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Lotus to Introduce Eco Elise Demonstrator at British Motor Show

Ecoelise
The Eco Elise, with rooftop solar panels. Click to enlarge.

Lotus will unveil its “Eco Elise” technology demonstrator at the upcoming British International Motor Show, 23 July - 3 Aug in London. Unlike some of Lotus’ other initiatives, this demonstrator focuses less on tailpipe CO2 and more on materials, manufacturing and design.

Renewable materials. Sustainable hemp technical fabrics have been used as the primary constituent in the composite body panels and spoiler. The hemp fibers have also been used in the manufacture of the lightweight Lotus designed seats. An additional benefit of using hemp is that it is a natural resource that requires relatively low energy to manufacture. The hemp material is used with a polyester resin to form a hybrid composite. Lotus hopes that a fully recyclable composite resin will be viable in the short-term future.

The Eco Elise seats are upholstered in a durable yet biodegradable woollen fabric that has been given the EU Flower certificate—a recognized environmental quality mark independently verified and endorsed by the European Commission. This new material is ethically produced and does not use any dyes or harmful processing. The color is created from the selection of sheep breeds used to produce the wool for the yarn, which increases the natural feel of the wool and reduces the processing of the cloth.

Sisal—a renewable crop that, like hemp, is used for its strong material properties—has been used for the carpets in the Eco Elise.

Weight reduction. In keeping with the “performance through light weight” philosophy, the Eco Elise weighs 32 kg (70.5 lbs) less than the standard Elise S, yielding lower fuel consumption and better performance. The reduction in mass improves the handling and braking performance and also reduces the effort required to accelerate the car. The weight reduction philosophy has even extended to the audio system with an exceptionally lightweight stereo and speaker system from Alpine saving 1.5 kg (3.3 lbs). The system uses MP3/iPod technology.

The Eco Elise uses special lightweight wheels that reduce the unsprung mass and contribute a weight saving of approximately 15.8 kg (34.8 lbs) over the already super light Elise wheels.

Manufacturing. The Lotus Paint Facility, in partnership with Du Pont, has developed a totally water-based paint system. This paint solution includes primer, color coat and lacquer, and it is the first time that it has been possible to hand spray a water-based “A” class production paint finish.

In using this water-based technology, Lotus is able to achieve savings in energy consumption due to the low cure temperature this paint requires. An additional benefit of this paint system is the reduction in emissions of solvents, all of which contribute to substantial cost savings for Lotus. This technology is anticipated to be available in production cars in the near future.

Solar panels. The hemp hard top on the Eco Elise has two flexible solar panels neatly embedded in the roof, contributing power to the electrical systems and saving energy that would be drained from the engine.

The solar panels have been integrated into the hard top to illustrate the feasibility of applying this technology. This application shows the installation of solar panels into a composite “A” class panel with a double curvature. Using this technology on a greater number of panels would make it possible to provide more power, especially on a larger vehicle.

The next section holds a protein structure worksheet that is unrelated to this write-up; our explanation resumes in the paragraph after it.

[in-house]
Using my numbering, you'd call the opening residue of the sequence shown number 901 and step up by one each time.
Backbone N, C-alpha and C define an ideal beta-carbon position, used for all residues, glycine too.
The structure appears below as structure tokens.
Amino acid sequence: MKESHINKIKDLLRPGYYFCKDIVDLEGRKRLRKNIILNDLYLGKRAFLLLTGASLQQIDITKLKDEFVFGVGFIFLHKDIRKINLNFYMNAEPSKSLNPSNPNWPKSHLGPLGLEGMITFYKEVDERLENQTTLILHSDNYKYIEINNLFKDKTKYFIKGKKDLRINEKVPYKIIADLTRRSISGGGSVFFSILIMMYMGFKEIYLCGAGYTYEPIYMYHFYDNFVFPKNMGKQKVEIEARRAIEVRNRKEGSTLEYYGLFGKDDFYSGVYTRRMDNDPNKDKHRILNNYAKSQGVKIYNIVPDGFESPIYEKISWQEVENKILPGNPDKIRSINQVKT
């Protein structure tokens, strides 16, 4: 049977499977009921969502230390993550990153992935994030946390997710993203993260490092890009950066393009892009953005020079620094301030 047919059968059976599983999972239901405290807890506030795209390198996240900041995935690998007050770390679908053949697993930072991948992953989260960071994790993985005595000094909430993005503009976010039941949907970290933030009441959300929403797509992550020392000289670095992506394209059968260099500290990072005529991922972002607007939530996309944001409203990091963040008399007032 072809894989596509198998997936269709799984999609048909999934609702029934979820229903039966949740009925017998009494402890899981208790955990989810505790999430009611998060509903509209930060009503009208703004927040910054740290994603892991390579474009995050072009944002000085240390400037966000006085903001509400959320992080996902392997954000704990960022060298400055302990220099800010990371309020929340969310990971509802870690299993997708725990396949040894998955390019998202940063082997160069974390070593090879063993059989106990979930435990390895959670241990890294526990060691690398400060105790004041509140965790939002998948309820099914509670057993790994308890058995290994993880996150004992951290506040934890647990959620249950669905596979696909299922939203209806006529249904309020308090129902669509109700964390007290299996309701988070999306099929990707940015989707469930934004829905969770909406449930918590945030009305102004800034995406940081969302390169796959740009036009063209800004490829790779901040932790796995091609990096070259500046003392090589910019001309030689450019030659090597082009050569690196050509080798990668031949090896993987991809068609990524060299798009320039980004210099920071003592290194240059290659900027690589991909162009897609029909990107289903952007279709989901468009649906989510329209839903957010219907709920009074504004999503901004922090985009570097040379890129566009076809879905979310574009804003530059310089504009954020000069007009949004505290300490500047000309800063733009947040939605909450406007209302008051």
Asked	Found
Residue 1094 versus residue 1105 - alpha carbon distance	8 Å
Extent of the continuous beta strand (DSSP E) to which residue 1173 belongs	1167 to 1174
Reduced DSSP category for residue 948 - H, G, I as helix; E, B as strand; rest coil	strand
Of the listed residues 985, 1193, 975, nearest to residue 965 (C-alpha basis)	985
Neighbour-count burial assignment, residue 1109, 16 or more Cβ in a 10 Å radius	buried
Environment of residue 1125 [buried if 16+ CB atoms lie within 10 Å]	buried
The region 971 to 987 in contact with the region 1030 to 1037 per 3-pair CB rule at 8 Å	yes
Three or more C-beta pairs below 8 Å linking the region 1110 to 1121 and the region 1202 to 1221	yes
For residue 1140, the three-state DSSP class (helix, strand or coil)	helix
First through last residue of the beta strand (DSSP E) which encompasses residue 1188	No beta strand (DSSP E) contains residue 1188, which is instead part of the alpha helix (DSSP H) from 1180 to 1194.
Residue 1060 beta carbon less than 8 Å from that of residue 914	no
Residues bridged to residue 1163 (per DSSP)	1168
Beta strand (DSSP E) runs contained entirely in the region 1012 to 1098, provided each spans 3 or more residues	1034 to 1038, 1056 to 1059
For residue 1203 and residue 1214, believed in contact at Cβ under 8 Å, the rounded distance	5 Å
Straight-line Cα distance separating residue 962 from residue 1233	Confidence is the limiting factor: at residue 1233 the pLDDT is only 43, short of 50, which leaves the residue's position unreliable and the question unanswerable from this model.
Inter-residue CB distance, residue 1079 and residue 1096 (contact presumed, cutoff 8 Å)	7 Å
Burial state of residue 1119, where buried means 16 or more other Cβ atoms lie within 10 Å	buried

Reduction in carbon miles. The hemp fibres have been farmed in East Anglia, thus reducing the carbon miles incurred in the production of this Elise. Lotus Manufacturing has component manufacturing facilities and a paint facility at its headquarters in Hethel, Norfolk, with another manufacturing site a short distance away in Norwich. The company operates a carefully managed logistics system operating between sites to improve efficiency, reduce costs and carbon miles. This is a Kanban driven barcode system that has been adopted by key suppliers. The process also uses packaging that is recycled many times over to eliminate waste.

Efficient driving techniques. Lotus cars have red shift lights to help drivers extract the maximum performance from the engine. However for the Eco Elise, Lotus designed software has been developed to assist drivers in maximizing the fuel efficiency of the engine. A green gear shift display has been integrated into the instrument panel to ensure that gears are changed at the optimum point to reduce emissions and save fuel.

Comments

eric

that's all fantastic but how much would an 'Eco Elise' cost and is it ever likely to see production?

sean

i don't think that's the point. I think the point is that these are all technologies that could be easily implemented into any manufacturer's current production cars

ai_vin

You never see this car in the U.S. - with all that hemp in it the paranoid DEA will seize them for sure. LOL ;^)

Hampden Wireless

The Elise is already a very lightweight car and is a partial basis for the Tesla EV. It comes with a mid sized 4cyl normally and is very fast. It could be made with a 3cyl and still be a sporty ride. Nice work!

sjc

It is a nice looking car and shows that eco friendly does not have to mean econobox. More people will expect better designs as more of them become more affordable and in more widespread use. We CAN have fun motoring and be responsible citizens at the same time.

Dave

So what kind of fuel economy will the Eco Elise get compared to a normal Elise?

I would love to drive one on my daily commute, but I fear that it would not get too close to matching the fuel economy of my Prius.

Depends how you drive it Dave:

http://youtube.com/watch?v=0o63BOVlzhc

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